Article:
Unfortunately, it appears that some practitioners still operate on the assumption that if a person with diabetes has achieved a normal A1c level (i.e., 4.5 – 5.6%), the patient must be experiencing frequent and/or severe hypoglycemic episodes. Of course, this way of thinking is short-sighted. The patient’s time in range and risk of severe hypoglycemia must be considered to have a full understanding of the scope of control to make the appropriate recommendation.

It is likely that a long history of generally suboptimal control has influenced some practitioners to assume that getting very close to maintaining normal blood glucose levels is not possible for people with diabetes. However, with advances in medications, technology, and treatment strategies, some people are achieving normal A1c levels with little variance in their blood glucose levels. The Bottom Line

Certainly, if a normal A1c level is attained through extreme blood glucose fluctuations and severe hypoglycemic episodes, this poses a considerable risk to the patient. However, if one achieves normal blood glucose values consistently, spending little time outside of their desired blood glucose range, it is reasonable to assume that their normal A1c value is safely attained.

Today, in particular, with the availability of CGM technology, which can provide a comprehensive picture of the time spent in range, while helping to safeguard from severe hypo- and hyperglycemia, I think it is very reasonable for individuals to set their sights on tighter control. After all, normal blood glucose values are physiologically important and provide many short-term and long-term physical and emotional health benefits.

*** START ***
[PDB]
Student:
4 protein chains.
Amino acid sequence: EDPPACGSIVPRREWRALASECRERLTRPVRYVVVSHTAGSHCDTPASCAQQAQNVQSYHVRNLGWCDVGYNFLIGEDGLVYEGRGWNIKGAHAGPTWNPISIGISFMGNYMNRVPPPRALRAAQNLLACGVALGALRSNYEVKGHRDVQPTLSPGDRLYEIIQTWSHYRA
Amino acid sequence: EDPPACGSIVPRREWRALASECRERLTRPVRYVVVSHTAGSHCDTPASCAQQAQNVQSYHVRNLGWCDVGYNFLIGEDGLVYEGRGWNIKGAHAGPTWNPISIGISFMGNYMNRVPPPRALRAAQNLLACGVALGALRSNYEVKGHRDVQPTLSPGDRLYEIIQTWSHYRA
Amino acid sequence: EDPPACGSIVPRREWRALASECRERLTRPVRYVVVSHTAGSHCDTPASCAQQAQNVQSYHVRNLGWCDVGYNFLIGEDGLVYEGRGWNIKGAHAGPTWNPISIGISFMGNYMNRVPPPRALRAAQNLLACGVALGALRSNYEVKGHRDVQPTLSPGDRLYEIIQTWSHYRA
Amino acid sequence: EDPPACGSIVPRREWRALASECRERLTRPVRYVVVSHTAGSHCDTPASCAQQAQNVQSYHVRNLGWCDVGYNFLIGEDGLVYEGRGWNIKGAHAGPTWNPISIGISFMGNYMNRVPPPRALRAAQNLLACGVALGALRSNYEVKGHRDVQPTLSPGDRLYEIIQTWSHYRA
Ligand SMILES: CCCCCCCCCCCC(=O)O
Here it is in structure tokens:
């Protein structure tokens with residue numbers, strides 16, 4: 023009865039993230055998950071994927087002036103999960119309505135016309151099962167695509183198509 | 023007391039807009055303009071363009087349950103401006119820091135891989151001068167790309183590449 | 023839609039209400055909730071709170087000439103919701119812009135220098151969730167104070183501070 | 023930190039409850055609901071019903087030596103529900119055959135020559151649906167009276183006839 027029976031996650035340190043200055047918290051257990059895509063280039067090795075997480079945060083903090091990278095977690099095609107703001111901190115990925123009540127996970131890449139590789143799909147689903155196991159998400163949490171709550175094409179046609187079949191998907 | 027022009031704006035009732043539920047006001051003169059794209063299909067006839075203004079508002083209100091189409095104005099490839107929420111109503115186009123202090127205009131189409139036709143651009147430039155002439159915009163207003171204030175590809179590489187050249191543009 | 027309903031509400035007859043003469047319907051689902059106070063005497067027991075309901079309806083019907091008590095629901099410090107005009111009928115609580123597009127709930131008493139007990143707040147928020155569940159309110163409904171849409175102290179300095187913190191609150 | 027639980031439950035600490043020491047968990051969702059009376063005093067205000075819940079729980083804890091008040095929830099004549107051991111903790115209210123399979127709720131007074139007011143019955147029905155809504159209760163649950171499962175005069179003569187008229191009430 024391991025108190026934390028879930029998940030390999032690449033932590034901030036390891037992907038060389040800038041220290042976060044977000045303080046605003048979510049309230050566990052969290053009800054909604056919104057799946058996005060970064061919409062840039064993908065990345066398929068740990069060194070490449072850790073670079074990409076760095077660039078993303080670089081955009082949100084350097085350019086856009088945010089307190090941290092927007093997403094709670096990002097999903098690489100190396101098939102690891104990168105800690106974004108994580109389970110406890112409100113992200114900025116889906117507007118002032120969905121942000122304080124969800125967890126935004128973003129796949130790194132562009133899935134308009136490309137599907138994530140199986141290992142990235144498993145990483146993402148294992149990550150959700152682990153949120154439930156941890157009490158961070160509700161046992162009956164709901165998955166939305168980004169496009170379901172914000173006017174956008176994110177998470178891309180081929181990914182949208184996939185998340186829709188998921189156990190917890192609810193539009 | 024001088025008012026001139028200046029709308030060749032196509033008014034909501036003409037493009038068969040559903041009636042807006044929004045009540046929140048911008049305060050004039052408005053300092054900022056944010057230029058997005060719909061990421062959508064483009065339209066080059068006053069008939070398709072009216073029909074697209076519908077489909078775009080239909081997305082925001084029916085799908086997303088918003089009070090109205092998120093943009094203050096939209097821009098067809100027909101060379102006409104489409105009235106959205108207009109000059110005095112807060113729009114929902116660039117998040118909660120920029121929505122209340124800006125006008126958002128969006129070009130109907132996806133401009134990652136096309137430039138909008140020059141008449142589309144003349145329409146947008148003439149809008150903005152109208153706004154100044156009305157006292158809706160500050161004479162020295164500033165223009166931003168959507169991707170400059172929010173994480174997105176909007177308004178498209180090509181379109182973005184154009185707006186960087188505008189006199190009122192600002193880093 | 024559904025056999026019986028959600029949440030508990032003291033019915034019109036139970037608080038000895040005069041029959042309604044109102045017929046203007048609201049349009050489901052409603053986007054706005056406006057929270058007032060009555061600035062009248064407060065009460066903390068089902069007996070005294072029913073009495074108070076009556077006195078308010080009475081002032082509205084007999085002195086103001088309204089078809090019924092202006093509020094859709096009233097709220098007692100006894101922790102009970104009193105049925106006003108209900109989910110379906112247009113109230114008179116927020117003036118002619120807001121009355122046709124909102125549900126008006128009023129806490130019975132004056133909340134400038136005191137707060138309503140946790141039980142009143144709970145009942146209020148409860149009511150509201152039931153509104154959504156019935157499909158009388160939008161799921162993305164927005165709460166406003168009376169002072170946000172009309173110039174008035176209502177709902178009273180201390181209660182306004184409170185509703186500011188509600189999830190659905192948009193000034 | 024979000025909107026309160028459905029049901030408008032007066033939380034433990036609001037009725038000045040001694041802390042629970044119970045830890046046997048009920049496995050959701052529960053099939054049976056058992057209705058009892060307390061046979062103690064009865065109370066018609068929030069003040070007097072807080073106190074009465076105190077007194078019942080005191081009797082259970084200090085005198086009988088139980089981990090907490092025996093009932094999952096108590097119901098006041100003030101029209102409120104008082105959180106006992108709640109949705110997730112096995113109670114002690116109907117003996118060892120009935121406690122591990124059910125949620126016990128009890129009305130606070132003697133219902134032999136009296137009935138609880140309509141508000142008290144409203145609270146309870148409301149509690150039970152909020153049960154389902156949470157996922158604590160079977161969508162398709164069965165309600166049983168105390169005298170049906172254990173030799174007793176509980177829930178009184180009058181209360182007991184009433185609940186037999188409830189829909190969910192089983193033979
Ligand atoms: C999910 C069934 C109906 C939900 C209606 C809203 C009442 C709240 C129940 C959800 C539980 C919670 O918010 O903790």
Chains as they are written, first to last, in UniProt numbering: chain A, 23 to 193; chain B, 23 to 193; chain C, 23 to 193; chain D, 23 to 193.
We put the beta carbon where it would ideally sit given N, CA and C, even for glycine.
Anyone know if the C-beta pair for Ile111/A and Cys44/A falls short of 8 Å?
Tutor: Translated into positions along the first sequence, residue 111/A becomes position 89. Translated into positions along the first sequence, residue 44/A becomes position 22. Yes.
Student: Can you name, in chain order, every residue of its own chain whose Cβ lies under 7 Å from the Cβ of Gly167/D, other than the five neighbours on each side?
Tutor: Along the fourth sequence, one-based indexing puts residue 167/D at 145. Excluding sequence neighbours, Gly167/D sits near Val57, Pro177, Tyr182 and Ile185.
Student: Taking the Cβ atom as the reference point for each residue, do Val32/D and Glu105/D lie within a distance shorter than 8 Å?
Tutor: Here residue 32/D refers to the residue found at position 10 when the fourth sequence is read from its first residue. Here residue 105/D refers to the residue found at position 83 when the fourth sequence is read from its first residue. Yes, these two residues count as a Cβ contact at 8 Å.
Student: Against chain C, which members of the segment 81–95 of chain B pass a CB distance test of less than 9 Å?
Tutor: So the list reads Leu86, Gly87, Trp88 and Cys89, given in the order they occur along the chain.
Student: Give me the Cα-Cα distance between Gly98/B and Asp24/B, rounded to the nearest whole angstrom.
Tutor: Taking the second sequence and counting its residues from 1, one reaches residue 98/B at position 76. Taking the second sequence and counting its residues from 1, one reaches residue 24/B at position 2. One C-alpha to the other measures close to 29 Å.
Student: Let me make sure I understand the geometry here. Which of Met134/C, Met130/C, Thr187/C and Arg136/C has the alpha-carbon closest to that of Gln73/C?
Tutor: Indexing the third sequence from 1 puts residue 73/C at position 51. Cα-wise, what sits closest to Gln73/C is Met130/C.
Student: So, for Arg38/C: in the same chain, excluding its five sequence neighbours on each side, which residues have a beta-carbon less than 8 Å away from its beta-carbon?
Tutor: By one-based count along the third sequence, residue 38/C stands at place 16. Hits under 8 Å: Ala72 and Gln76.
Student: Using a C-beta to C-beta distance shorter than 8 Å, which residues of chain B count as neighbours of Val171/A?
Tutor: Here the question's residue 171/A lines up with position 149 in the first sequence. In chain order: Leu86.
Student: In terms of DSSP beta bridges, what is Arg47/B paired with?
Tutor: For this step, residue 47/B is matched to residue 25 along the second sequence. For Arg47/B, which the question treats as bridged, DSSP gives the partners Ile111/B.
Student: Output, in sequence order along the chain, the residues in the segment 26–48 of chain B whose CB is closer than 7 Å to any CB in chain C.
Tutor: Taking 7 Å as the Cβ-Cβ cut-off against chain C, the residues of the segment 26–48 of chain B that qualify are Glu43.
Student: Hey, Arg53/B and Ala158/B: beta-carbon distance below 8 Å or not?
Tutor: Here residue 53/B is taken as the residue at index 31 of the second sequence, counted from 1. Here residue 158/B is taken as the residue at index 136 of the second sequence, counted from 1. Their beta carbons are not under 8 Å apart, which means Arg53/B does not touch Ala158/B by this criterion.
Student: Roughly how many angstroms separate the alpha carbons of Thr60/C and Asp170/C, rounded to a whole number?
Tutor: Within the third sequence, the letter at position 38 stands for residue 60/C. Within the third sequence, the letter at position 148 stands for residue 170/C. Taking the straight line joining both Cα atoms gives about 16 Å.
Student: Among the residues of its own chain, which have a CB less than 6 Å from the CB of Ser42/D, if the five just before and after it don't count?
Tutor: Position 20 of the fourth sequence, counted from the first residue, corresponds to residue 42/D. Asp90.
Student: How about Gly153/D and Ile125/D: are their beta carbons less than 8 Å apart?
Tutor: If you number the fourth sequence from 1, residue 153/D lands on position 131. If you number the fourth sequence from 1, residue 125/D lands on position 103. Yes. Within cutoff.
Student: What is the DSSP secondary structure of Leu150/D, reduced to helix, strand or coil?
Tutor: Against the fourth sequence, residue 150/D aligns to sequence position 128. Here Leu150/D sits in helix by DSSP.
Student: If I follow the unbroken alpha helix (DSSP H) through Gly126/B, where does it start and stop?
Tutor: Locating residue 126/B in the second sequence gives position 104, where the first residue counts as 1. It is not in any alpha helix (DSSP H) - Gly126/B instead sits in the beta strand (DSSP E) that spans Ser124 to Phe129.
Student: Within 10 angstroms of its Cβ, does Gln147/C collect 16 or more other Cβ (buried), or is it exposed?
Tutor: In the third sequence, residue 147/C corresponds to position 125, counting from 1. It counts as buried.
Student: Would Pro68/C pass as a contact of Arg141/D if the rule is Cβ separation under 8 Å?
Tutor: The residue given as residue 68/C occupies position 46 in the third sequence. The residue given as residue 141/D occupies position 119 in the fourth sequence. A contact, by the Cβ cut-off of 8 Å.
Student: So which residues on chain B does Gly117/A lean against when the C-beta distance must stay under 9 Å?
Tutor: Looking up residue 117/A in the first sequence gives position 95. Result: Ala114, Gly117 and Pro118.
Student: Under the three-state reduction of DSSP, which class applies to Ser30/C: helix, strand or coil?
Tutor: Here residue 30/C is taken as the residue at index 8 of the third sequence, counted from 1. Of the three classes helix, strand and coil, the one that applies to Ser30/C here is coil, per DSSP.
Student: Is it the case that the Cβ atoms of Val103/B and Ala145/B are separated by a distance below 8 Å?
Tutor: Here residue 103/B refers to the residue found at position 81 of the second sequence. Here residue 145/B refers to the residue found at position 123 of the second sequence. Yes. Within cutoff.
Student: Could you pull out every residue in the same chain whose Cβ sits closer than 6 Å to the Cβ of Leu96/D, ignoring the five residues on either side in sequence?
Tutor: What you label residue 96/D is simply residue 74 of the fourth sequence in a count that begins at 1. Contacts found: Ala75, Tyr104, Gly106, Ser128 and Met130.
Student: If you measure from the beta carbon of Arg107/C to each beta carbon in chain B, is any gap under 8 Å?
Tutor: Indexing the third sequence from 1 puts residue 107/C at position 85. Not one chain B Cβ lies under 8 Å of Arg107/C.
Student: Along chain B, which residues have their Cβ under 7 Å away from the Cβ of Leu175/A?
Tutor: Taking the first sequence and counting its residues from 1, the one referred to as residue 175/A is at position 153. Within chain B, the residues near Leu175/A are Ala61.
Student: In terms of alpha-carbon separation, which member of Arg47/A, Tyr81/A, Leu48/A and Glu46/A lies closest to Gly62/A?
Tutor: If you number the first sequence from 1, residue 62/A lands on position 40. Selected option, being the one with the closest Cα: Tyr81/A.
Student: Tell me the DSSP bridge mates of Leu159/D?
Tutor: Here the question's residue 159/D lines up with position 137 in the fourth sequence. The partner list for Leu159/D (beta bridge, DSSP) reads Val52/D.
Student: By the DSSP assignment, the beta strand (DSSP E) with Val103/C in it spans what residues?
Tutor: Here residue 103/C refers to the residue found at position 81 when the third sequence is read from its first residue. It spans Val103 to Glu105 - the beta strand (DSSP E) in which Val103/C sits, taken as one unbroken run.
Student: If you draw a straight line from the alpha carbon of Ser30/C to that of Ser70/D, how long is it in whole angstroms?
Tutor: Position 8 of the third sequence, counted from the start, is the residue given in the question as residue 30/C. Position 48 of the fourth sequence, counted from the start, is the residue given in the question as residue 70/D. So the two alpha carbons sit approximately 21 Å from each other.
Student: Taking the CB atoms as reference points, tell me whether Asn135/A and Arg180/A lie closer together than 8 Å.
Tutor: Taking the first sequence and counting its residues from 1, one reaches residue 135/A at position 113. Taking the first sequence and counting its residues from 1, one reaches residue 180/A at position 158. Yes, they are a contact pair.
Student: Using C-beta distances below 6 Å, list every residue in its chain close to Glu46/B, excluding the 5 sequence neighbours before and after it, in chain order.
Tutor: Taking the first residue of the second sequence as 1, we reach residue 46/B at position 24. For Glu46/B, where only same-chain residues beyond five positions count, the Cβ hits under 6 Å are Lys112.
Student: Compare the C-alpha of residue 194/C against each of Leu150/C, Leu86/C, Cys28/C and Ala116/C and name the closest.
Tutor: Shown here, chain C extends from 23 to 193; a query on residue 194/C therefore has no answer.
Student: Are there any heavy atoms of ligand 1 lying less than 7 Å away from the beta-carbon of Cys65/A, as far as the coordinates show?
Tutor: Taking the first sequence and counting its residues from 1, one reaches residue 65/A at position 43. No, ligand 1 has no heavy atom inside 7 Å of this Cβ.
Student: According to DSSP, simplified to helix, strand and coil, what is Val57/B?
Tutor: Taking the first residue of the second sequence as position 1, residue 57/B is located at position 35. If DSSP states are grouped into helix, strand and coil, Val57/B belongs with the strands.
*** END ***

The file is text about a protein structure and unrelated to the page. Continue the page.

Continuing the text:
Maria Muccioli was diagnosed with type 1 diabetes in 2008, as an undergraduate student studying biochemistry. This event largely inspired her graduate study in immunology. She actively conducted and disseminated her research in ovarian cancer immunology throughout her graduate career, obtaining her Ph.D. in Molecular and Cellular Biology from Ohio University in 2014. She completed a two-year postdoctoral appointment at the Ohio State University where her research projects focused on folate signaling pathways in the context of birth defects, and was later employed as a postdoctoral fellow at the Brigham and Women’s Hospital and Harvard Medical School where she investigated circulating biomarkers for the detection and prognosis of multiple sclerosis. Currently, she teaches biology for the Stratford University online division and also works as a freelance science writer and editor at Accdon, LLC. Maria is passionate about diabetes research, advocacy, and patient empowerment through providing up-to-date evidence-based information and peer support. Maria lives in NH with her husband, daughter, and many pets. In her free time, she enjoys traveling, hiking, and gardening.